In the first two weeks after a cancer diagnosis, there are likely to be dozens of doctor visits, tests, consultations, and decision points. The patient care team provides a wealth of information, although reviewing brochures and online resources can be overwhelming for the patient and caregiver. Complying with regulatory guidelines is an important step the pharmaceutical industry takes to ensure that medical promotional materials contain balanced information that is accurate and relevant.1 The goal of the marketer is to design easy-to-follow patient guidelines that conform to medicolegal parlance. Further complicating the consumption of highly technical data is the emotional state of the newly diagnosed or recently relapsed patient.
Meet patients where they are
Do we expect standardized medical brochures to accommodate the wide range of patient perspectives? The demographic diversity of patients, such as generation, socioeconomic status, educational level, and family support structure, makes a single patient profile impractical. Personalization of the patient journey is supported by therapy-specific websites, dedicated landing pages, and mobile apps. Still, is a 36-page patient brochure less overwhelming because it can be accessed online by the patient and caregiver?
Supporting the patient journey
How can pharmaceutical marketing better support, serve and educate to address how patients and their caregivers receive information? Helping them find relevant resources with very specific information at the right time and in chapter format. Patient-centricity is based on empathy and understanding of the patient journey and the many factors that affect the patient experience along the continuum. Personalization means that the customer feels as if someone is speaking to them directly. Communication should be welcoming, relevant and digestible. Too much information can be worse than none. Ease of access considers the rate at which people search for, understand, and process information, which varies from person to person.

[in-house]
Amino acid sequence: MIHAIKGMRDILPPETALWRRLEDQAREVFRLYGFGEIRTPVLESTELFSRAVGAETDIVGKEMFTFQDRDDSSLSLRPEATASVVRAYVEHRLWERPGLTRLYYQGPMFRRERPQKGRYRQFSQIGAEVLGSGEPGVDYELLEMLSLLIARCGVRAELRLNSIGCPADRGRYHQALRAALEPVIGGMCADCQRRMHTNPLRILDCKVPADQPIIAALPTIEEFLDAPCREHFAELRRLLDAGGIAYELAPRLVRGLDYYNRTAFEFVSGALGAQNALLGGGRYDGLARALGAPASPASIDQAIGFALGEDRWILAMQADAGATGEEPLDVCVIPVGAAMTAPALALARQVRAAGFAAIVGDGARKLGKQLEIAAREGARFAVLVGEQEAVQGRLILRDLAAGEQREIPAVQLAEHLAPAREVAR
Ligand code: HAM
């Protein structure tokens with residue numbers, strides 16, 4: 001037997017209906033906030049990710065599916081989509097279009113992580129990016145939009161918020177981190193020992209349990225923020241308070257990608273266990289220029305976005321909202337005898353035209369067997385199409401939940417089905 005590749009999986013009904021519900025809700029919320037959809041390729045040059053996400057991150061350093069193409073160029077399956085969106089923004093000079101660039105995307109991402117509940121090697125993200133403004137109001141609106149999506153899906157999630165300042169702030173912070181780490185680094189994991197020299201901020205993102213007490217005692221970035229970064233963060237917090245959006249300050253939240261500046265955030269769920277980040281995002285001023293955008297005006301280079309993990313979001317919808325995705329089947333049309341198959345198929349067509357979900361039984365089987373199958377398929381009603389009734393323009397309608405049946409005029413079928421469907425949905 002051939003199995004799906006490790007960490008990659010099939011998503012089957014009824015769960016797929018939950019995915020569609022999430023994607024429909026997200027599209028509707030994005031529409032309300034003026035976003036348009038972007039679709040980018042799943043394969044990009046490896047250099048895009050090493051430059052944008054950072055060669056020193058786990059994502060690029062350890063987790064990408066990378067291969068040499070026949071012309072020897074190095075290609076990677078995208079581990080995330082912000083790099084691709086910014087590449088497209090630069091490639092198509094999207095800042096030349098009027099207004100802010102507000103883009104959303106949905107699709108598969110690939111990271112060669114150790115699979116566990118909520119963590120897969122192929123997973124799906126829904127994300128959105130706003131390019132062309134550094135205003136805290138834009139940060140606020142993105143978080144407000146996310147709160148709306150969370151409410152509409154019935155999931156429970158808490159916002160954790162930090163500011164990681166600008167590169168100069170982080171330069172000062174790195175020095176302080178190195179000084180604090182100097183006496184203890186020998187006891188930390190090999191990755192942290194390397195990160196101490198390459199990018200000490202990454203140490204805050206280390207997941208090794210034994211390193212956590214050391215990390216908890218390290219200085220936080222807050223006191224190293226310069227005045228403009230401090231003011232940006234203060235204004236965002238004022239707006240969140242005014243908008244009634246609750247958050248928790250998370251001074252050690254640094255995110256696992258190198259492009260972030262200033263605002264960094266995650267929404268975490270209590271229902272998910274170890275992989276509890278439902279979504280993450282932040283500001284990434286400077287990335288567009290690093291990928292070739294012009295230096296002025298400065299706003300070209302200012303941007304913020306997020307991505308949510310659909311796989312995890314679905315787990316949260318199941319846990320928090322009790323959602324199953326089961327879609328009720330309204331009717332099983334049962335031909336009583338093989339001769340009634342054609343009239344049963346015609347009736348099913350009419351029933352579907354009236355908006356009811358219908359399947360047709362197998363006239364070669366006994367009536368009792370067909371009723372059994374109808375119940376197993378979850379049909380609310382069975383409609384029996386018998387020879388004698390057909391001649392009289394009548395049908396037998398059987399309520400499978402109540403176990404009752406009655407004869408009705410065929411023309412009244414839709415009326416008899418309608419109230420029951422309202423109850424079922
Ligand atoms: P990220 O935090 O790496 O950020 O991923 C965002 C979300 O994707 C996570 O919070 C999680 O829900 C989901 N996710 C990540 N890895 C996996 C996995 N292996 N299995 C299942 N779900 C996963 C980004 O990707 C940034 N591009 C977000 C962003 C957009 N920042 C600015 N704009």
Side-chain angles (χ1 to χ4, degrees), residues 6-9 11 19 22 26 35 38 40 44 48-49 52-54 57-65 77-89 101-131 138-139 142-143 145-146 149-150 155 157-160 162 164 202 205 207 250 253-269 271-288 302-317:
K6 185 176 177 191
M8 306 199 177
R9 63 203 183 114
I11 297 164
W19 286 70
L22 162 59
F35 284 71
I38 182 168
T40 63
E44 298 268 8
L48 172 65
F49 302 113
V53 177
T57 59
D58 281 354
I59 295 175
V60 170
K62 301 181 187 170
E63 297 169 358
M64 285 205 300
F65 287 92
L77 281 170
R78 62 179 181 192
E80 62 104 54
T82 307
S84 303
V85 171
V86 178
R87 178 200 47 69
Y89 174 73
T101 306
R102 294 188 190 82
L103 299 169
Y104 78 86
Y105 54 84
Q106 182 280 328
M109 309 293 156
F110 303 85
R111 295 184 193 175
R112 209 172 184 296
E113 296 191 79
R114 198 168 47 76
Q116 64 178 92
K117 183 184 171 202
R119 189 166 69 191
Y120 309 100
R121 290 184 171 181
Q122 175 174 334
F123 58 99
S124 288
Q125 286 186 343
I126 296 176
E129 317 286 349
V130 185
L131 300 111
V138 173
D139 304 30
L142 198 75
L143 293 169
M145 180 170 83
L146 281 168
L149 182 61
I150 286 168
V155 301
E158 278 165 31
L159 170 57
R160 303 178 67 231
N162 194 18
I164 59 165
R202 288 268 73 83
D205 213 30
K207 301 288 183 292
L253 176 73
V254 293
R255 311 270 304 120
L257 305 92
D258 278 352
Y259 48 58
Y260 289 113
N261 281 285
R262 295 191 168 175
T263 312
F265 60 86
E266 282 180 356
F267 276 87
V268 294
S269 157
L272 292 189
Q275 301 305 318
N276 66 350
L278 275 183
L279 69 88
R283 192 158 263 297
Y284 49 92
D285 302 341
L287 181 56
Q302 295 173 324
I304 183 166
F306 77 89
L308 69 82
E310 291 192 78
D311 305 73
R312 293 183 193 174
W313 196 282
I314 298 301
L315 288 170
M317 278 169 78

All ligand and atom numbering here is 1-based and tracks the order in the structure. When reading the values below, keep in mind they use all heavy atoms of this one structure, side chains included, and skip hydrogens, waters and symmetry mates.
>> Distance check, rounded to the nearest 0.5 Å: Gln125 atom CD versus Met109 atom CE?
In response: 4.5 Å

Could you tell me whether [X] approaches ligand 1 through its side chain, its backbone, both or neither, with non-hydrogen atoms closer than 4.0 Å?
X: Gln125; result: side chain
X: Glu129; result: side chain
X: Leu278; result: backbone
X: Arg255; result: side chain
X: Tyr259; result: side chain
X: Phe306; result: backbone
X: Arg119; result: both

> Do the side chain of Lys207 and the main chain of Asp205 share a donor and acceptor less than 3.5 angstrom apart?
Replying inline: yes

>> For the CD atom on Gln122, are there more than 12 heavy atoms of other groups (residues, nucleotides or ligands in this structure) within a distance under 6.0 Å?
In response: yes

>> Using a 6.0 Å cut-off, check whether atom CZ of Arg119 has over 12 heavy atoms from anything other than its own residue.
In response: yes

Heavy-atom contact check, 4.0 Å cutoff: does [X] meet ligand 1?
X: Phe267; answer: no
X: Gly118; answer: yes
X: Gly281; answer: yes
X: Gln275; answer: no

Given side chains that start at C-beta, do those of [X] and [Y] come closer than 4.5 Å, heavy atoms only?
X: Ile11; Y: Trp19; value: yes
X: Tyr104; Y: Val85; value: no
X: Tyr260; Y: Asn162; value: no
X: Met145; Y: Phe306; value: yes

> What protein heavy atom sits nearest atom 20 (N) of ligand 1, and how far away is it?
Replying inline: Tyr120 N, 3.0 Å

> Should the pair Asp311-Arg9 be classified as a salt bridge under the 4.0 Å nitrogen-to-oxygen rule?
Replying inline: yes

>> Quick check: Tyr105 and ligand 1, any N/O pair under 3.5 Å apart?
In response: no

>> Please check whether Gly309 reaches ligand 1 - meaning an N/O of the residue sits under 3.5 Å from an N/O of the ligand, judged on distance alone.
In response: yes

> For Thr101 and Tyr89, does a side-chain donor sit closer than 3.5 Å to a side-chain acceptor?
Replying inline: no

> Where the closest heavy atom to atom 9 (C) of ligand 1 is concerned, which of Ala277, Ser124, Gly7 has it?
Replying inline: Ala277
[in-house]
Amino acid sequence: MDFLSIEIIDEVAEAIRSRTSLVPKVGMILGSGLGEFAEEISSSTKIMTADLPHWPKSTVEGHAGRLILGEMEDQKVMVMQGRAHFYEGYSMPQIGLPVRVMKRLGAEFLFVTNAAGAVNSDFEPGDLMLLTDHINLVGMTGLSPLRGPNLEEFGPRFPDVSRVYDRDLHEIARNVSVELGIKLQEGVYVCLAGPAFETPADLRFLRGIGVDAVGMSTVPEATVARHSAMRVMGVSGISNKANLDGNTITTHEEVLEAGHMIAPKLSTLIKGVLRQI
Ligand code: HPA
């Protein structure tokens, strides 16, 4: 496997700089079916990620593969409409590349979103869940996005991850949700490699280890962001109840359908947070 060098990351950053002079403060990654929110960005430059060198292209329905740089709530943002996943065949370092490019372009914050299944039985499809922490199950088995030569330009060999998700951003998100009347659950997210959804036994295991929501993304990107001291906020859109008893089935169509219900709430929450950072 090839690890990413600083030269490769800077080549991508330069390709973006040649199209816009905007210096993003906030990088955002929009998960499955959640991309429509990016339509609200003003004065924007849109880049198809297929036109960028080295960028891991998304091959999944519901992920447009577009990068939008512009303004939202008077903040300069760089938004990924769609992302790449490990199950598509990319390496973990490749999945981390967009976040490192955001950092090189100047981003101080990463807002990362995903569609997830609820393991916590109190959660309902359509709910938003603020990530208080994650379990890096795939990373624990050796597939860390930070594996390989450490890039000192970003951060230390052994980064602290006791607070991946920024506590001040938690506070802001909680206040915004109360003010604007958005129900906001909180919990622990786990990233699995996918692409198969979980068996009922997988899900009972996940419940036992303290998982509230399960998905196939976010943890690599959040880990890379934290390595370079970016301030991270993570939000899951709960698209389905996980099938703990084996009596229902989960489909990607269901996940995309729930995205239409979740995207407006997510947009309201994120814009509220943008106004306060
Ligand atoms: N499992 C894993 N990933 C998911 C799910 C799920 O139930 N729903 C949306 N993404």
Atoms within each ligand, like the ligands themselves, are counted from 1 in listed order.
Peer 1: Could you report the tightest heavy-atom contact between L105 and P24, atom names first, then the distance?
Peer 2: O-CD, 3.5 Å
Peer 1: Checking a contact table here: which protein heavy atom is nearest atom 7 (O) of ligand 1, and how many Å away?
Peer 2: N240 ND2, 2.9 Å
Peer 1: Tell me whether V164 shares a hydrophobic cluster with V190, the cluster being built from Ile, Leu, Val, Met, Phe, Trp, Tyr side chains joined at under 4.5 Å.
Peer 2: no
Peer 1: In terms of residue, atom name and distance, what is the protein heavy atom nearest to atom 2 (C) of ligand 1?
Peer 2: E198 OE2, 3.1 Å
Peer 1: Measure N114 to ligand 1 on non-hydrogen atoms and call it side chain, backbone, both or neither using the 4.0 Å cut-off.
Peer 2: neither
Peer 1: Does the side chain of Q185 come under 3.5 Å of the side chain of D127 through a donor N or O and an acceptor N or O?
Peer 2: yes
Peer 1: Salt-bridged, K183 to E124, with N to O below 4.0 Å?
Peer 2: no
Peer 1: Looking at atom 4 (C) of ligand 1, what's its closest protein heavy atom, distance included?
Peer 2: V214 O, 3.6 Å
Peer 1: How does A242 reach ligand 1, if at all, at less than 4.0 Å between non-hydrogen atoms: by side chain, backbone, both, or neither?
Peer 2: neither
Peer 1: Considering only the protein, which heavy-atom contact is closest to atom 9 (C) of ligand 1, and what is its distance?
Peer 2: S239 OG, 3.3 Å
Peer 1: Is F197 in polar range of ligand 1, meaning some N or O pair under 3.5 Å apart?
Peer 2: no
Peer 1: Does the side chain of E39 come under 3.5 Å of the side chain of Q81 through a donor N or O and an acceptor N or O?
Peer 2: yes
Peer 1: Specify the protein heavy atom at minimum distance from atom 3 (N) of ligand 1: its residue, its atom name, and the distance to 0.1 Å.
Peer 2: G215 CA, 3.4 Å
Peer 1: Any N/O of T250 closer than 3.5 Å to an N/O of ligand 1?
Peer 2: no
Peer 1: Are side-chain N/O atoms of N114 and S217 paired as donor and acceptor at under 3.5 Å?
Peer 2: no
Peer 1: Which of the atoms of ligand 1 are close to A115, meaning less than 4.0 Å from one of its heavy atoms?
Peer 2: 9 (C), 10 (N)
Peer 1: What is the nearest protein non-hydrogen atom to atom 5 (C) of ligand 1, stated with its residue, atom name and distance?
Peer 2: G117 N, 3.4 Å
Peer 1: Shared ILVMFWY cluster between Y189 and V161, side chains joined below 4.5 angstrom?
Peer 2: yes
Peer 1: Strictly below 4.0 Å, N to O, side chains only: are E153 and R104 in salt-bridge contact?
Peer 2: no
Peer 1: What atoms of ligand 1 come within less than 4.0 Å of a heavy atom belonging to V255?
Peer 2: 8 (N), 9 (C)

And the future seems…
The key to making the client feel heard and valued is instilling empathy, personalized experiences, and timely resources at every touch point of the treatment process. This gives patients and their caregivers, who make critical health decisions, the support and information they need; when they need it most. Think of the level of engagement of a customer ordering lunch from a touch screen; It’s a completely unique experience right down to extra pickles. Imagine similar consideration given to patients and their caregivers who make critical health decisions. It’s too early to tell if the healthcare industry is about to adopt a retail-style customer focus; however, if we have learned anything from the pandemic, it is that patients are now realizing that much more is possible. And facing a chronic illness generates the highest expectations and the need for support in real time. How will health respond?
Sunny White is an editorial advisory board member for Pharma Marketing Network with hands-on experience helping pharmaceutical marketers improve their promotional material to meet the unique needs of patients and caregivers while remaining compliant. Sunny’s BOLDOLOGISTS team at Xavier Creative House strives to infuse strategic healthcare solutions with meaningful technology to improve the accessibility of information that changes patient behavior.
Connect at linkedin.com/in/sunnywhite/
- World Health Organization. The IMPORTANCE of PHARMACOVIGILANCE Drug Safety Surveillance. 2002. Accessed June 18, 2022. https://apps.who.int/iris/bitstream/handle/10665/42493/a75646.pdf